Psychological science has come of age. But the rights of a mature discipline carry with them responsibilities, among them the responsibility to maximize confidence in our findings through good data practices and replication.
The November issue of Perspectives on Psychological Science, a journal of the Association for Psychological Science (APS), reflects the discipline's ongoing commitment to examine methodological issues that affect all areas of science — such as failures to replicate previous findings and problems of bias and error — with the goal of strengthening our discipline and contributing to the discussion that is taking place throughout science.
The issue features two special sections: one on replicability and one on research methods.
The special section on replicability brings together articles that examine the extent, causes, and solutions to some of the challenges faced by psychological science with regard to replication of research. The first nine articles in the section focus on diagnosing the problems within psychological science, while the next six articles discuss potential solutions. The aim of this special section is not to provide definitive answers, but to promote discussion and collective action to strengthen our science.
"We hope that the articles in this special section will not only be stimulating and pleasurable to read, but that they will also promote much wider discussion and, ultimately, collective actions that we can take to make our science more reliable and more reputable," write the section editors Harold Pashler of the University of California, San Diego and Eric-Jan Wagenmakers of the University of Amsterdam in The Netherlands.
The special section on research methods features articles that examine various aspects of research methodology, including the problem of false negatives and different approaches to detecting fraud. The section also includes a report on the goals, structure, and state of the Reproducibility Project from the Open Science Collaboration and a tongue-in-cheek take on questionable research practices in psychological science.
Because these topics are so important and so central to the scientific enterprise, APS is making the entire issue available to non-subscribers free for three months.
Association for Psychological Science: http://www.psychologicalscience.org
This press release was posted to serve as a topic for discussion. Please comment below. We try our best to only post press releases that are associated with peer reviewed scientific literature. Critical discussions of the research are appreciated. If you need help finding a link to the original article, please contact us on twitter or via e-mail.
Coca-Cola is funding a new nonprofit that blames obesity on lack of exercise, not on bad diets. NPR's Robert Siegel talks with Anahad O'Connor of The New York Times about the group's controversial message.
Today sees the publication of the report of an independent review of the contentious use of metrics — numerical indicators of performance — in the assessment of UK research and researchers. Can it plot a sensible course in a world increasingly obsessed with numbers?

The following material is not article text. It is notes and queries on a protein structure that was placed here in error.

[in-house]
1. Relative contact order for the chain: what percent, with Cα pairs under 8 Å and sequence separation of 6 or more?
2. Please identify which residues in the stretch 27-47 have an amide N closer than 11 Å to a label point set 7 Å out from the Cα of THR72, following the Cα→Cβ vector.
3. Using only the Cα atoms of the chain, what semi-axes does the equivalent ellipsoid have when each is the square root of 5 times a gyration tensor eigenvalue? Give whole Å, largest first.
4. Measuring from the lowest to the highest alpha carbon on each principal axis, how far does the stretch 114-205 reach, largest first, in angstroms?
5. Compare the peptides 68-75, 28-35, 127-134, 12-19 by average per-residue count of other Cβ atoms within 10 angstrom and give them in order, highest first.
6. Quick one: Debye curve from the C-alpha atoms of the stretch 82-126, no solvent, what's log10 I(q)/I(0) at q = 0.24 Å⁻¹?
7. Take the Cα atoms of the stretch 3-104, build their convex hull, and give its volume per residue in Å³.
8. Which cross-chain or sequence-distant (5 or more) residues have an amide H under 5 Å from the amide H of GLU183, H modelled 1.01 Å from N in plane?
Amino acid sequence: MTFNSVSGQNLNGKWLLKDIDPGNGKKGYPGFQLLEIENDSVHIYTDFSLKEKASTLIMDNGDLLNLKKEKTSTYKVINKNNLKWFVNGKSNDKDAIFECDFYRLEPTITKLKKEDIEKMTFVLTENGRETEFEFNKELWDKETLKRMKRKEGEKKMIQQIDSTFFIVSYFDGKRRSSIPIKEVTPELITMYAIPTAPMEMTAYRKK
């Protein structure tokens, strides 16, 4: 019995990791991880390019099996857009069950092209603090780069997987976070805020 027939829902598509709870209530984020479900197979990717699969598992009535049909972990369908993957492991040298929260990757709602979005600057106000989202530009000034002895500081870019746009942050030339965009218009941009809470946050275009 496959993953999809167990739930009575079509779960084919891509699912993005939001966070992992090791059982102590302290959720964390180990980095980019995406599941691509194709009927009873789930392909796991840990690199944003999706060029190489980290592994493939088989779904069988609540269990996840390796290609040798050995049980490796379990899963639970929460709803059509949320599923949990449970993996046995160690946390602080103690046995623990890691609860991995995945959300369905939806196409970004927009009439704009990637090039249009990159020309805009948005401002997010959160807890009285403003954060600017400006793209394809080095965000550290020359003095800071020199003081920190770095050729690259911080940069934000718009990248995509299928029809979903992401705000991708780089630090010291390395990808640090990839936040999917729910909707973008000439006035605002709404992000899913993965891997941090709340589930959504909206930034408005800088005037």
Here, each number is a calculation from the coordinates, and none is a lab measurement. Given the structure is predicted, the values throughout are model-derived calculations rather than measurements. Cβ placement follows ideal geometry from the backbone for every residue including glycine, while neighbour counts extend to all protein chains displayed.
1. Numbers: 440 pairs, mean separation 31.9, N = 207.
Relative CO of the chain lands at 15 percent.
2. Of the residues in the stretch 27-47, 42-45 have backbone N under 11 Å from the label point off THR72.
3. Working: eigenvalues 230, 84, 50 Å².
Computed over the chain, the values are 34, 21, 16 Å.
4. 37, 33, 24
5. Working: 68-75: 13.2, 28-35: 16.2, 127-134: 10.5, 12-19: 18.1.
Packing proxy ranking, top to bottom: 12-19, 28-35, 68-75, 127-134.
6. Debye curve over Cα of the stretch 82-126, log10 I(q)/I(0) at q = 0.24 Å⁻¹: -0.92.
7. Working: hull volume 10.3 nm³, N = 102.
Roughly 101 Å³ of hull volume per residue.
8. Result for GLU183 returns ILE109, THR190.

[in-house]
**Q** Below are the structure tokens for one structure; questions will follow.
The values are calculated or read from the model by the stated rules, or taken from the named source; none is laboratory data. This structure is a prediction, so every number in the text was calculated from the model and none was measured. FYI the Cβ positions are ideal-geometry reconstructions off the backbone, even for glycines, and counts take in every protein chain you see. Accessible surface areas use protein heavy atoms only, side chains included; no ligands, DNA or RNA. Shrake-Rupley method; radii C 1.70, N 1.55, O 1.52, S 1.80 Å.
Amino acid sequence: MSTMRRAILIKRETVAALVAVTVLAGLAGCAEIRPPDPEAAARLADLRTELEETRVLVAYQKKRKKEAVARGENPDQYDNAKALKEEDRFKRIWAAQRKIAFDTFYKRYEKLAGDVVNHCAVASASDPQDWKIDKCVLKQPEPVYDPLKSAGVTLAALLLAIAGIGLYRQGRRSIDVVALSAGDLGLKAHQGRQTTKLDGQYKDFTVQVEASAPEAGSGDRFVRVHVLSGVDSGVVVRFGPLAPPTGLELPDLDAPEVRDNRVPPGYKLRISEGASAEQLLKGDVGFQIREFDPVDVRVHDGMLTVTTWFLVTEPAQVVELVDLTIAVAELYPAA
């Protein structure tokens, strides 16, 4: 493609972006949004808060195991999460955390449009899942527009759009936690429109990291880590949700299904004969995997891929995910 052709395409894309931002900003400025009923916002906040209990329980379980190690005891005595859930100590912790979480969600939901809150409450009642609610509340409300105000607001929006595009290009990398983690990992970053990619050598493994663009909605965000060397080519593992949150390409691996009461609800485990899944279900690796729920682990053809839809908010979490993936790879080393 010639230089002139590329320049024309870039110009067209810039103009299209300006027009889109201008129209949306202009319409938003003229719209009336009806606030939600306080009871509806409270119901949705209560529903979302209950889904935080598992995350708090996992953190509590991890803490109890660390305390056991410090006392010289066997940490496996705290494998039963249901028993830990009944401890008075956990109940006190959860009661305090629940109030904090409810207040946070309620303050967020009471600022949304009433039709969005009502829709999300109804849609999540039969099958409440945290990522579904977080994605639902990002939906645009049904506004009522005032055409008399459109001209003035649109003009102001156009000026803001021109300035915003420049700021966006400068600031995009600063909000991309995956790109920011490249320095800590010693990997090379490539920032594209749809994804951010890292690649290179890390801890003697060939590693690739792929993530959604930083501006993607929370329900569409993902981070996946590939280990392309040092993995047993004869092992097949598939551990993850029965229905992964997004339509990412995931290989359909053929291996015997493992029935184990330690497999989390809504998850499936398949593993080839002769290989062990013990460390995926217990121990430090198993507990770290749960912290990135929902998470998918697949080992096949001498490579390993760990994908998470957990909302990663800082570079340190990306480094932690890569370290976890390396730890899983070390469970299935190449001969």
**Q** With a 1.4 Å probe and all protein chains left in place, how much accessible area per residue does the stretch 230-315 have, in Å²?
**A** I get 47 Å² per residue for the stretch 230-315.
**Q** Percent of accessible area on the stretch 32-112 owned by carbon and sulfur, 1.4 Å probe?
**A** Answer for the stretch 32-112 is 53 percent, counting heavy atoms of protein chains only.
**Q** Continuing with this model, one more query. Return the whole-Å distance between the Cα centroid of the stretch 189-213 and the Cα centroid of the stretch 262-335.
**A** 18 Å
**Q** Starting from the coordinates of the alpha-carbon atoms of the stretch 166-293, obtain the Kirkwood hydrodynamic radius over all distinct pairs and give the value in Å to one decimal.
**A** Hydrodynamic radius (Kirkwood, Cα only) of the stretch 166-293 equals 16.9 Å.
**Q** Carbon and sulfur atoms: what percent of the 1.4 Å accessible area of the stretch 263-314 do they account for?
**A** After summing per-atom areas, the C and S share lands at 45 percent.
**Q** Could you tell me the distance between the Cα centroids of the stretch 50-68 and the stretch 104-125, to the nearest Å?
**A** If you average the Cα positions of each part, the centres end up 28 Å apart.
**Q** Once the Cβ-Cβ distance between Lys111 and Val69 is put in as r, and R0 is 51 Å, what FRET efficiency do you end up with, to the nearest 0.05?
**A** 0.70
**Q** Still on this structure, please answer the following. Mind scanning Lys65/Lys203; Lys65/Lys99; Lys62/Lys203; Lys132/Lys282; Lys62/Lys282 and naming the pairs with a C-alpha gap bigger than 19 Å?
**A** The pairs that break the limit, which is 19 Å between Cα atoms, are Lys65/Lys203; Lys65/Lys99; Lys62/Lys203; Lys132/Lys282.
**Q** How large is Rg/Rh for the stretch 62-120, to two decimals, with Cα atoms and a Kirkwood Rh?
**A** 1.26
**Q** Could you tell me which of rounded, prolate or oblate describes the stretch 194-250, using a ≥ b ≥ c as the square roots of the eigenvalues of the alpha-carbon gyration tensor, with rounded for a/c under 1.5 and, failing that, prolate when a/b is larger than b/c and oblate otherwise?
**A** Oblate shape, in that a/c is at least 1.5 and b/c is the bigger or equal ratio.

The university’s ruling council will release a statement today, although the scientist will not be reinstated, provost Michael Arthur has said
Shutting other people up when you’re powerful but frightened isn’t defending academic freedom. It’s repressing itTwo weeks ago, a Nobel Laureate made some ill-advised remarks in front of the World Conference of Science Journalism.Whether or not these were intended as a joke is irrelevant at this stage; the remarks were made, people got offended, and the rest is history. Sir Tim Hunt offered his resignation from an honorary position (with no responsibilities and no salary) at University College London, and it was accepted. Again, whether he was pushed or whether he jumped is today of little concern. Continue reading...
In the wake of #Huntgate, here is a handy list of actions that individuals could commit to if they really want to see a change in the working environment coupled with a genuine move towards equality
Until women are given more of a voice and power in traditional organisations, calling out sexism on social media often remains our only recourse
Today I was thrilled to be announced as the recipient of this year’s Royal Academy of Engineering Rooke Award, but I’m concerned that engineering in general is hiding in plain sight
With the announcement of Tim Hunt’s resignation from UCL comes an opportunity to reflect on the women in science who were part of his success
Female scientsts take to Twitter to respond to the Nobel laureate’s comments about women crying in labs Female scientists have taken to Twitter to mock Tim Hunt’s suggestion that science would benefit from “single-sex labs” by posting pictures of themselves at work using the #distractinglysexy hashtag.
The Nobel prizewinner’s ‘trouble with girls’ comments are toxic as well as nonsense – discrimination in science is endemic